This story is by Gloria Wright and was part of our 2018 Summer Writing Contest. You can find all the writing contest stories here.
The scream brought Lucy out of a deep sleep. She jumped out of bed and ran to the kitchen. Her mother was standing with her hands on her head, screaming, “Where is it? What happened to my money?” She turned and faced Lucy, “Where’s the emergency money that was in the jar? Did you spend it, Lucy?”
“What?” Lucy shook her head and blinked her eyes trying to wake up after the jolt. “Mom, I told you last night, I bought a few groceries on Monday, and I needed bus money. We had nothing to eat. Mom, don’t you remember, you said I could!”
“I did no such thing, you little bitch! I can’t trust you. I need that money, today!”
“What? What do you mean? Did you spend all the money, already? You didn’t drink it away again, did you?”
“Don’t you talk to me like that you little bitch! I got that settlement, not you, and I will spend it however I wish!” Her mother sat at the table and cried.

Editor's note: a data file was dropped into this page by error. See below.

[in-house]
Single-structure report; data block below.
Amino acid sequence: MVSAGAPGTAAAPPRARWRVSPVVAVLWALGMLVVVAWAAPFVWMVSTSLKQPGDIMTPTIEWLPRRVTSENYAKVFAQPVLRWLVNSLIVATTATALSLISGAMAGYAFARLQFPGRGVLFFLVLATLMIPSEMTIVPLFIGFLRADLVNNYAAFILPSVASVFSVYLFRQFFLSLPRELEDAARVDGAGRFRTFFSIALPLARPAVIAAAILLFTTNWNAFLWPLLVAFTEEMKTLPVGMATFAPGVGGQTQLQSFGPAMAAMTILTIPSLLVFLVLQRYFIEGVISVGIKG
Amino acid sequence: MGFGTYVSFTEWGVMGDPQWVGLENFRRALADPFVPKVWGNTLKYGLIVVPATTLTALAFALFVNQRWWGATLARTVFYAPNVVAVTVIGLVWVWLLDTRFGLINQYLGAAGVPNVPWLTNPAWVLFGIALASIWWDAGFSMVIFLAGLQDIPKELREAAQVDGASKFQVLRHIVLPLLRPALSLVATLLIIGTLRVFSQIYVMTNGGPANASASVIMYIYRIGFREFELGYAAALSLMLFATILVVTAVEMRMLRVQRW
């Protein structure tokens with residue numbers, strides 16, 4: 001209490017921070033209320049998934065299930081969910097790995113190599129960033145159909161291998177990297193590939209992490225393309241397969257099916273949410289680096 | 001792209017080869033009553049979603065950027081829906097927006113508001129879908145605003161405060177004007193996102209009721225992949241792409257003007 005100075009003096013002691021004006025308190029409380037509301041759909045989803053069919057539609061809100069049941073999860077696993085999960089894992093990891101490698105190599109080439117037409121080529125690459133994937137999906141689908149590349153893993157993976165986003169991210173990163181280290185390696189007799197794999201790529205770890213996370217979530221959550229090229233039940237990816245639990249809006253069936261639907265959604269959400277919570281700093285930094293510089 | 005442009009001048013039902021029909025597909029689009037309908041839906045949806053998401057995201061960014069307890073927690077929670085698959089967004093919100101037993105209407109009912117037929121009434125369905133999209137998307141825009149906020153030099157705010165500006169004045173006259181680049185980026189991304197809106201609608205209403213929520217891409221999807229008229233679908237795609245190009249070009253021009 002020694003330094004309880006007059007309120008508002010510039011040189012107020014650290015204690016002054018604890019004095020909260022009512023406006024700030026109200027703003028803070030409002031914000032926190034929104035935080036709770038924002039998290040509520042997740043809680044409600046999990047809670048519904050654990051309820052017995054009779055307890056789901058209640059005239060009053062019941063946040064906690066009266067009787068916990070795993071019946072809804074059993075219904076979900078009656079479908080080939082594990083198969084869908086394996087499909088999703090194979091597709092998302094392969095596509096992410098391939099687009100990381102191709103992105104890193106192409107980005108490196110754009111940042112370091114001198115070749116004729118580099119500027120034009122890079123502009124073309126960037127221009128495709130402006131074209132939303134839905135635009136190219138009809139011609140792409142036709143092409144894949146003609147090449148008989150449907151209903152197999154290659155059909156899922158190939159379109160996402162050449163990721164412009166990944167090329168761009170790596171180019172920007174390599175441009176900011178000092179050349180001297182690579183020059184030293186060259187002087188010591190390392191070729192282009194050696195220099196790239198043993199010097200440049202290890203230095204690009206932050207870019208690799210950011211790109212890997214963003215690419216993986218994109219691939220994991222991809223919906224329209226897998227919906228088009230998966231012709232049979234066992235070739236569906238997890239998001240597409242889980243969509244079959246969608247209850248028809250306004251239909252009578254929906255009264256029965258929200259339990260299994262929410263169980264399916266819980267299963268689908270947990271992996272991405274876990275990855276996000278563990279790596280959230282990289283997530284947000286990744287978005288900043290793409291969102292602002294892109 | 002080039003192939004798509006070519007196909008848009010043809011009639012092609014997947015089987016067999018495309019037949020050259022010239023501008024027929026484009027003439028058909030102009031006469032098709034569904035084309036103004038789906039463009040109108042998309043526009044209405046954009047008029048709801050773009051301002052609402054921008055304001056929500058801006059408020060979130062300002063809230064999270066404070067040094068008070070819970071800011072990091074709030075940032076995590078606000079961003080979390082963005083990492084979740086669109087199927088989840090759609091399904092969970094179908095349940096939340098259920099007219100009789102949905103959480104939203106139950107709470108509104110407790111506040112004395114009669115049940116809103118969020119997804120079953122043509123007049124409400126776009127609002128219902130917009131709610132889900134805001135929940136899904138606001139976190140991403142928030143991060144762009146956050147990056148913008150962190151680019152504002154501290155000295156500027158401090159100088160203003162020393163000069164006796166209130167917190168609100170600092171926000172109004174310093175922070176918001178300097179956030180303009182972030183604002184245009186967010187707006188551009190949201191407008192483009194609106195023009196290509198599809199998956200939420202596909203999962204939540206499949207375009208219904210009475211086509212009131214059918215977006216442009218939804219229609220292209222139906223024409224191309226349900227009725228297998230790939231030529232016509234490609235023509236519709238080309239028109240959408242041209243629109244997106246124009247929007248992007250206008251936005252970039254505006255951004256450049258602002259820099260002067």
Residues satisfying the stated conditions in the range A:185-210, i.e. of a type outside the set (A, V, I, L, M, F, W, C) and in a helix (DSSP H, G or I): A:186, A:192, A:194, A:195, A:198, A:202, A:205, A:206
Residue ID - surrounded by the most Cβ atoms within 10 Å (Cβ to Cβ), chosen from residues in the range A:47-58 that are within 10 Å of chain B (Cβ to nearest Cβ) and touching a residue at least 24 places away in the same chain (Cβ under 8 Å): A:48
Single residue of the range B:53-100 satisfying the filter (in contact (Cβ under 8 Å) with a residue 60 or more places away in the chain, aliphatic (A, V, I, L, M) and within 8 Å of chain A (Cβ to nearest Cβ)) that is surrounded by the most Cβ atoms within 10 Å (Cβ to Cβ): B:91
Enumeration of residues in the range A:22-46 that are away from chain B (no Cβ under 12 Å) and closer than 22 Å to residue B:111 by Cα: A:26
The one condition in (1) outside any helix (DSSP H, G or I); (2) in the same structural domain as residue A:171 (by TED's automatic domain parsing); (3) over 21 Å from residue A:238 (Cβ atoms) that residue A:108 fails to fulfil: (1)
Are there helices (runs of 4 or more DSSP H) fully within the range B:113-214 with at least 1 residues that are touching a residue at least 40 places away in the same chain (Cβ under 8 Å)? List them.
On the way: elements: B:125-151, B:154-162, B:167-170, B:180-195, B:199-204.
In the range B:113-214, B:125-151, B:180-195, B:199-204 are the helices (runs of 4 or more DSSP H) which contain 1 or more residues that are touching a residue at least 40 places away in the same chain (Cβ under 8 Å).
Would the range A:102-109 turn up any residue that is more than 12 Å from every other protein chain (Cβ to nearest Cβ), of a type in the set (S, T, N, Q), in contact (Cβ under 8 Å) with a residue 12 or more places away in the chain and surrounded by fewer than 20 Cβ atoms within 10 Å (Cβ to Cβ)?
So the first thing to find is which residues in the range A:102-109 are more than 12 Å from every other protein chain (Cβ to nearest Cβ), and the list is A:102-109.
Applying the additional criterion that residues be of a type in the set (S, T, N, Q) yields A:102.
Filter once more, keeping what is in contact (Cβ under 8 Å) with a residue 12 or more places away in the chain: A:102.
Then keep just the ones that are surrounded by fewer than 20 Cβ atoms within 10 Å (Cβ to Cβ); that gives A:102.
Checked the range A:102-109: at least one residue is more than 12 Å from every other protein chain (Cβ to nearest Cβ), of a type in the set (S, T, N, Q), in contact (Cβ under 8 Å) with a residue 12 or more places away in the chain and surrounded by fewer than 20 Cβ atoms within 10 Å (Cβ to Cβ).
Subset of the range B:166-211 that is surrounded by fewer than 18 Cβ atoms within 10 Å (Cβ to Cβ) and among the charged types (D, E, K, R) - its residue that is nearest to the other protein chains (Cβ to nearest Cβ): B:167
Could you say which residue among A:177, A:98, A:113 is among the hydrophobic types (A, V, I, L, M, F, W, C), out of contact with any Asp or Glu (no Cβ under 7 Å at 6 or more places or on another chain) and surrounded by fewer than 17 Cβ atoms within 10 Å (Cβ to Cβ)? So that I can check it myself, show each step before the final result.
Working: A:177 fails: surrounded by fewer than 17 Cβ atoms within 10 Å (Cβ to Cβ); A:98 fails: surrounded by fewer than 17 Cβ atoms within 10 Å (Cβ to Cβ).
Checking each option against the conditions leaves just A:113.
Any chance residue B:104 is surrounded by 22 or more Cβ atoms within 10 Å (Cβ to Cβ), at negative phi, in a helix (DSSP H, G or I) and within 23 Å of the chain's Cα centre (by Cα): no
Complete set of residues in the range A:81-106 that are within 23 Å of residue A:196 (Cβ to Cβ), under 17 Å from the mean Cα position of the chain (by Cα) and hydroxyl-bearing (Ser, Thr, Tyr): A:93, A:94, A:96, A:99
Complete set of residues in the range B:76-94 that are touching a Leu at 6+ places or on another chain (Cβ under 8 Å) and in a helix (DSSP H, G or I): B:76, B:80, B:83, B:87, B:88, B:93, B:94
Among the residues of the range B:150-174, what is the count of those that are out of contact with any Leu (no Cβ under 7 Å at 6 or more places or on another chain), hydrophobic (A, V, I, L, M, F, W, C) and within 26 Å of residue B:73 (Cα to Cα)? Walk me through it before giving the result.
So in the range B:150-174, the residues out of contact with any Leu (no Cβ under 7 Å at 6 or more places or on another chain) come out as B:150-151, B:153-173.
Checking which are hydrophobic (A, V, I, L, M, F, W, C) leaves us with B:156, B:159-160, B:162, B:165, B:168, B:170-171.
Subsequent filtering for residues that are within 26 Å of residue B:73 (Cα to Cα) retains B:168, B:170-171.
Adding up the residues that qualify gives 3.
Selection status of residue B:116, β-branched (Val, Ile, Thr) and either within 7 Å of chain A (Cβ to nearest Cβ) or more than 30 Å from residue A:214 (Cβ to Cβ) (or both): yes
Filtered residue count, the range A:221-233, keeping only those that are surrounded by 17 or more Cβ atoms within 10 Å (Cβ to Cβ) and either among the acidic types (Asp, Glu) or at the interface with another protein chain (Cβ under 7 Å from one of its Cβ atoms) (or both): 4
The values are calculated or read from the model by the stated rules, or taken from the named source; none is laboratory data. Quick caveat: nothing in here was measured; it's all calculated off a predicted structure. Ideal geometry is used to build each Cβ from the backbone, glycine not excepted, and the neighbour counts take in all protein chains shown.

Lucy glanced at the clock, “Are you going to be okay, I have to get ready for school, or I’ll miss the bus again. We can make it through this month, Mom. Don’t worry.”
Lucy’s mother grunted and took a sip of her drink. “I doubt that!”
When Lucy ran out the door, her mother was passed out on the couch with her empty glass on the floor.
Later that day hunger pains gnawed at her belly as Lucy entered the quiet and lifeless apartment. A few pieces of cheese and a package of hot dogs sat on a shelf in an otherwise empty refrigerator. She whispered, “Gee Mom, still no food! What am I supposed to eat today?”
She made her way to her mother’s bedroom. The door was open. Her mother laid naked on the bed, reeking of booze, cigarettes, and vomit. The sight and sound overpowered Lucy’s senses. She leaned on the doorway, “Hi Mom, I’m home. How was your day?” No surprise to Lucy, her mother made no response.
Lucy couldn’t remember the last time she shared a normal conversation with her mother, for it seemed her mother was always either drunk or on the verge of a mental meltdown. Lucy left the room discouraged, but then anger grew from down in her gut. She raced back into her mother’s room, “Why are you always drunk?! Oh, I hate you!! I wish you were dead!”
Lucy’s face turned coral red, and tears fell from her eyes. Rage flowed from down in her belly. Lucy had lost all control. She started shaking and hitting her mother, as if something or someone was causing her to react. She stopped when her mother coughed. She left her mother’s room to calm down.